The thing with compensation in civil claims like these is that it is evaluated based on the lost income or "damages" to the victim, not the seriousness/maliciousness of the hit (where the punishment is typically determined either by the NHL's self-regulation or a criminal court in Bertuzzi's case). For instance, if Moore suffered from latent epilepsy, and Bertuzzi's hit caused Moore to start suffering from seizures, Bertuzzi would be obligated to compensate for the seizures regardless of any prior knowledge of the epilepsy. In the case of Moore, they must evaluate the damages based on Moore's current condition, not necessarily the act that caused it (so long as Bertuzzi is at guilt for that particular act, that is).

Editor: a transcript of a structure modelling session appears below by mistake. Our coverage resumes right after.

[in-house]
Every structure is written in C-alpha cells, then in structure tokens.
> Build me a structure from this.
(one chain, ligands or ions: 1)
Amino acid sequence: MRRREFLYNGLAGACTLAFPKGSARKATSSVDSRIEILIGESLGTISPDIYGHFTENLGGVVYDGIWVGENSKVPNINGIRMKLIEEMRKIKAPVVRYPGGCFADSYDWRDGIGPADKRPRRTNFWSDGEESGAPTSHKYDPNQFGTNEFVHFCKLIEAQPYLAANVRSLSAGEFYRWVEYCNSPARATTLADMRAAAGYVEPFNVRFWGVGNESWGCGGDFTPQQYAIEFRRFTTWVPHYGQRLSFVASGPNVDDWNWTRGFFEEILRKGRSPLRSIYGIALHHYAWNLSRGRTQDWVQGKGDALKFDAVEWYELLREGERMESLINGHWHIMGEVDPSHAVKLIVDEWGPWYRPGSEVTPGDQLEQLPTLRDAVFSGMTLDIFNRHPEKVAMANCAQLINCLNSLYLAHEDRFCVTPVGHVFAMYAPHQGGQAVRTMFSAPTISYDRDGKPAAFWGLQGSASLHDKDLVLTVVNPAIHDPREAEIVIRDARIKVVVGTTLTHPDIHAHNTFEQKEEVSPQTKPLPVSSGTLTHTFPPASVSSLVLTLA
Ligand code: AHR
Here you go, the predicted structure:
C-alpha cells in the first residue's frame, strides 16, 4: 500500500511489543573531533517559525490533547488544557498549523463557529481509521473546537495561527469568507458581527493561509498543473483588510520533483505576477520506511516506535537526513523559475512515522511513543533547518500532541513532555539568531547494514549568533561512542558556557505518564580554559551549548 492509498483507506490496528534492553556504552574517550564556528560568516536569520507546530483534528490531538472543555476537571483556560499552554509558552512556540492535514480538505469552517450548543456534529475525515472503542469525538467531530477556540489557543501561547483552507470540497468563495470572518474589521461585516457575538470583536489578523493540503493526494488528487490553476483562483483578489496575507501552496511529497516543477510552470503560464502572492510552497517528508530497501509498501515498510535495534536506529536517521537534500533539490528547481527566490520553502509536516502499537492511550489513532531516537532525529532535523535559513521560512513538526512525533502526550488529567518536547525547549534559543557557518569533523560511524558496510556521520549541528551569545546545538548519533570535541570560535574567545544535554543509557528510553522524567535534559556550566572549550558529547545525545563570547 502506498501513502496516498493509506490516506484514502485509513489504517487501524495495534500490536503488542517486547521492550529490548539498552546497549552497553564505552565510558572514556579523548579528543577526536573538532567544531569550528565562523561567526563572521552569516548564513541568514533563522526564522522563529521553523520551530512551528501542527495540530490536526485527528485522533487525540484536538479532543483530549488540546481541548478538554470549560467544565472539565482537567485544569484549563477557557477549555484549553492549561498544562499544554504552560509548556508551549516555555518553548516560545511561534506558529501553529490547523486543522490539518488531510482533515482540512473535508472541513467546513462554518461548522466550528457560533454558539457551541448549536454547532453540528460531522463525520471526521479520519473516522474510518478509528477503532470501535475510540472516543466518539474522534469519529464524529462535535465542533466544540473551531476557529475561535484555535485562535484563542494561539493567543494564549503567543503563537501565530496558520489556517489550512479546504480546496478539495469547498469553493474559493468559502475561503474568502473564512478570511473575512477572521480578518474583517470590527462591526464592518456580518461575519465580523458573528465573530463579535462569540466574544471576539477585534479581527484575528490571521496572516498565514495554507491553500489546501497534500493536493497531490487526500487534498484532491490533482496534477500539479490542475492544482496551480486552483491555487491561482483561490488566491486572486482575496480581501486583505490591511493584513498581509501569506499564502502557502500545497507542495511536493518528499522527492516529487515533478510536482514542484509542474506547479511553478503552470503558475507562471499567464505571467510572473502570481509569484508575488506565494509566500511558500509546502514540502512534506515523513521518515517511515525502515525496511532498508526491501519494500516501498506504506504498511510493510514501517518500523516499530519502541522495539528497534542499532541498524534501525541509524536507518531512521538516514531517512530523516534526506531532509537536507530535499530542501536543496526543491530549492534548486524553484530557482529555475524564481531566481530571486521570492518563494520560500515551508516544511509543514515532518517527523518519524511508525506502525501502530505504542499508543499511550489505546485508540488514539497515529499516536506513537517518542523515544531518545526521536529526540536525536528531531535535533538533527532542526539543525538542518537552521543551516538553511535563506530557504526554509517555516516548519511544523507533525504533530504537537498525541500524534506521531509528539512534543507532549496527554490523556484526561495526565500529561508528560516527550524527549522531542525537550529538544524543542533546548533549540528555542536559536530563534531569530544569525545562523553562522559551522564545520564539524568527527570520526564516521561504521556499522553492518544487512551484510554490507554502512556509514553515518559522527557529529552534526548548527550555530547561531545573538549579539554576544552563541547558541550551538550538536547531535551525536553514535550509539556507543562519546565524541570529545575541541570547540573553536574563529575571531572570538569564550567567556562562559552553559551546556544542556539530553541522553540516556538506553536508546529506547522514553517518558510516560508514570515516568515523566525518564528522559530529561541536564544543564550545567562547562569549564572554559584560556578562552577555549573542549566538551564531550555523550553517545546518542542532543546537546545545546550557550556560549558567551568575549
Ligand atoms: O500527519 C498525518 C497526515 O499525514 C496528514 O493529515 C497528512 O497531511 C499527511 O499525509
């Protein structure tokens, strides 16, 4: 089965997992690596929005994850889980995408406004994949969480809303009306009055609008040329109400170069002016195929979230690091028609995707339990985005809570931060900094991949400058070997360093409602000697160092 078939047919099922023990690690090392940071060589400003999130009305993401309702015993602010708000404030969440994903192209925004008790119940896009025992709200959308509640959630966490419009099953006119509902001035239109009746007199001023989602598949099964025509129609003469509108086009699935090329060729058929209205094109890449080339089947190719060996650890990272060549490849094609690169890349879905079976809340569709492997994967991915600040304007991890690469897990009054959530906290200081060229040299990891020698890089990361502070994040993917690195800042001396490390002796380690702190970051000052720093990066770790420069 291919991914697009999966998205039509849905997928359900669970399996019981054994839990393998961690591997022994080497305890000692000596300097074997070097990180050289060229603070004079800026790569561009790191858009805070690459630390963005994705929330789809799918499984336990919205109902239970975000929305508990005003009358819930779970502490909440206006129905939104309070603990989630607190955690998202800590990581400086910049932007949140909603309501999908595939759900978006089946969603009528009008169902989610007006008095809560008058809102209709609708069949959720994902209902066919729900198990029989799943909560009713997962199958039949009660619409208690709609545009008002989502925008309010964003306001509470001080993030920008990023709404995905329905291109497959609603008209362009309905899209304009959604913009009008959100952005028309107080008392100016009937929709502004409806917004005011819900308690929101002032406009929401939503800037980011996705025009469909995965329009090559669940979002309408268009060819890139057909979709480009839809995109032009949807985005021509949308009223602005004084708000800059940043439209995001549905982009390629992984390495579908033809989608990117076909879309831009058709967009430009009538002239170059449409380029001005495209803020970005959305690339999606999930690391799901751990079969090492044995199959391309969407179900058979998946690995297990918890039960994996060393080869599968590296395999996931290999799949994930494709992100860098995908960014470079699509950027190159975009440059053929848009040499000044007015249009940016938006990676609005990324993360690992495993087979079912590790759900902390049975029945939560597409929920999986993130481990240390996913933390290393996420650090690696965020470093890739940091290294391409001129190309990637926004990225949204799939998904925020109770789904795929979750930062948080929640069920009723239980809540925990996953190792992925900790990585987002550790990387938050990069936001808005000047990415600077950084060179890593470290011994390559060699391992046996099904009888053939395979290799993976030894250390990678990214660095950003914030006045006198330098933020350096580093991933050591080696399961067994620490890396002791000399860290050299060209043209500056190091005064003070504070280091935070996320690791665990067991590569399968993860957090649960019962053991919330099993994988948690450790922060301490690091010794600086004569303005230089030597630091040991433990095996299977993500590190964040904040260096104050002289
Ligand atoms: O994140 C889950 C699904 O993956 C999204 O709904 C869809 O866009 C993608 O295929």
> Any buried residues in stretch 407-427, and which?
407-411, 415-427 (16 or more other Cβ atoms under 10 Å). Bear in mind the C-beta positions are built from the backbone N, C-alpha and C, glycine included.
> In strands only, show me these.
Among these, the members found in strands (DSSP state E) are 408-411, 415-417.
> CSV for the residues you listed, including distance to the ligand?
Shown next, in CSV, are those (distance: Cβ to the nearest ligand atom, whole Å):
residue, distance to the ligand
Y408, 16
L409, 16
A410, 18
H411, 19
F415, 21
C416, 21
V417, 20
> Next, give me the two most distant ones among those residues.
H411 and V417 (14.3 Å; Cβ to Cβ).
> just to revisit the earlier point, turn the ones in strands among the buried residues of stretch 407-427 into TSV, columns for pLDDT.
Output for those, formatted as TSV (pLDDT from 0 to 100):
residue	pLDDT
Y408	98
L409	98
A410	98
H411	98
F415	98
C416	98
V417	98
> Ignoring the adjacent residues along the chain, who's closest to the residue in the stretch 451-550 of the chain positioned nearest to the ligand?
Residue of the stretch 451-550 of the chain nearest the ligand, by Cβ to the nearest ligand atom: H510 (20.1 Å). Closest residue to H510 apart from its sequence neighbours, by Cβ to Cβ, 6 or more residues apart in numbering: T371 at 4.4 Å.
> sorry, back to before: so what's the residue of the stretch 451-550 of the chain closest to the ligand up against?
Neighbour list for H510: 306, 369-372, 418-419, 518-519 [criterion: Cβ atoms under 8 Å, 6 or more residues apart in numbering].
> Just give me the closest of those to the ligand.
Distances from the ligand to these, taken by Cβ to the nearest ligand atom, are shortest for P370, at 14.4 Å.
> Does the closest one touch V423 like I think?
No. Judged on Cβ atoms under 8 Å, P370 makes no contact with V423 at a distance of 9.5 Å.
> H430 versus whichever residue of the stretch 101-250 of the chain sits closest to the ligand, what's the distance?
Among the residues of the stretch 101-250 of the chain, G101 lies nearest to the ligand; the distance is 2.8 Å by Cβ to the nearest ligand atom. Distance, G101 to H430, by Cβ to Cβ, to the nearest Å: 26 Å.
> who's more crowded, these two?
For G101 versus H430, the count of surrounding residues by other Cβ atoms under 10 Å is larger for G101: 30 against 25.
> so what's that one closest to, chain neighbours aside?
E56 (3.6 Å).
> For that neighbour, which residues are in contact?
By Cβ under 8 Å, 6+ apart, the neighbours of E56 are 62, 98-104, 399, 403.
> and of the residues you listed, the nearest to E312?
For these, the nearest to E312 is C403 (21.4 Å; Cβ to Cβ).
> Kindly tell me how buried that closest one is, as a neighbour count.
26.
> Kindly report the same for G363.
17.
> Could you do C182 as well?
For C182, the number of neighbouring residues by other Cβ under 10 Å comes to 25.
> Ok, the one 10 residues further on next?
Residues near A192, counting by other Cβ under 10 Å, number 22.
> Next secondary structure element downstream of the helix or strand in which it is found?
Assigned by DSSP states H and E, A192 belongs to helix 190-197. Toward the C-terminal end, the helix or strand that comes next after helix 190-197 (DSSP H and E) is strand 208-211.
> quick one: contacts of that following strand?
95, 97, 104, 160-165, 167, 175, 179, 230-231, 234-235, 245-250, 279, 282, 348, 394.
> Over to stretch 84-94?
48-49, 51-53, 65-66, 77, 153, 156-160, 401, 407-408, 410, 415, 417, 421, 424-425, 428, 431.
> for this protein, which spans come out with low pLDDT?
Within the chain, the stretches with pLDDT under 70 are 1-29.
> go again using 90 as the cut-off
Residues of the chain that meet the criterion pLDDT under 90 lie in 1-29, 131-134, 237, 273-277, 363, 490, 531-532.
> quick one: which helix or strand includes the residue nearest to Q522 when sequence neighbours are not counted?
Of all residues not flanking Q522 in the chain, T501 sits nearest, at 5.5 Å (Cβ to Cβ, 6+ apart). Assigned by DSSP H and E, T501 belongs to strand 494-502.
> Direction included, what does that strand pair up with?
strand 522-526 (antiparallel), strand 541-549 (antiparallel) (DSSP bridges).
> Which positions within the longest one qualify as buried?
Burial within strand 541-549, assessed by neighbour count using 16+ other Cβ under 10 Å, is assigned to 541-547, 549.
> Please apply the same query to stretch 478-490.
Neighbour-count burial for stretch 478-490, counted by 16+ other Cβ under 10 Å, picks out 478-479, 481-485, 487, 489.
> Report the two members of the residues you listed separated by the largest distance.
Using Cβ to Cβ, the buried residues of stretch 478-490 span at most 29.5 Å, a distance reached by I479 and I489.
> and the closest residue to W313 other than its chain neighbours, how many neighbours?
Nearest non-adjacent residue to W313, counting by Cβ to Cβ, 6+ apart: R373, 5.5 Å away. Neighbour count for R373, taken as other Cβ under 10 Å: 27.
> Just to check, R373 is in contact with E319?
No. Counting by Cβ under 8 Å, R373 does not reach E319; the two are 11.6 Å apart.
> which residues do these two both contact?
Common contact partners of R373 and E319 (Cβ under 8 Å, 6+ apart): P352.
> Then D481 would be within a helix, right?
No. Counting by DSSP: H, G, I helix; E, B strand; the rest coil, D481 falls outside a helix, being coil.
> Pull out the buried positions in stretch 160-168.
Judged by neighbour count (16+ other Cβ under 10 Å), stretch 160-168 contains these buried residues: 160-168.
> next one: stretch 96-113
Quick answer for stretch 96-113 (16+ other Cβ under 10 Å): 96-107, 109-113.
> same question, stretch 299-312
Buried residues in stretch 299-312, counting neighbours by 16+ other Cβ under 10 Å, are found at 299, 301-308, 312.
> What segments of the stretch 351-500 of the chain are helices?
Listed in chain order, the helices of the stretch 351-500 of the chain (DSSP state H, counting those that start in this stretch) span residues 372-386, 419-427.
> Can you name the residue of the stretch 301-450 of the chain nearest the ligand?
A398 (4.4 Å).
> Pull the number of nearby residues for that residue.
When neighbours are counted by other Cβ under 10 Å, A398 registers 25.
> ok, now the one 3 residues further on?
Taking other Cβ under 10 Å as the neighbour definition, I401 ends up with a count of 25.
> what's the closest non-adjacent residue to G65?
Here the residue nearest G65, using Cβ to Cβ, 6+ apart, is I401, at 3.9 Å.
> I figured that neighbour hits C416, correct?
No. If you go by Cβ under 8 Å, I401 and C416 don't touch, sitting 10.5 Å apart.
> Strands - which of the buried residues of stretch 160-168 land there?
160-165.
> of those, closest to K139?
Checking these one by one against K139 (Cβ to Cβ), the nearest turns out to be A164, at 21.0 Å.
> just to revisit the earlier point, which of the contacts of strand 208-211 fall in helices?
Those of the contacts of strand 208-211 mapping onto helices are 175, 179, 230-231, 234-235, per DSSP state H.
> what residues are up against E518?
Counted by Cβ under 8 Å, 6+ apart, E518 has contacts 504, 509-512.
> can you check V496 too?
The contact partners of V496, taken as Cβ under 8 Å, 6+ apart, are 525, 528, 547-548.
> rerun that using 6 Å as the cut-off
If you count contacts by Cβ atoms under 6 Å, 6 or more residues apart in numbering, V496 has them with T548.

So in this case, Moore's inability to play hockey during these years is absolutely critical for determining the compensation for this case; the compensation is directly correlated to lost income.
I wasn't suggesting it was based on the act itself...plus, epilepsy is something where the symptoms are easily recognizable...with concussions it's not as easy to determine how much damage has actually been caused, you pretty much have to take the victim at his word.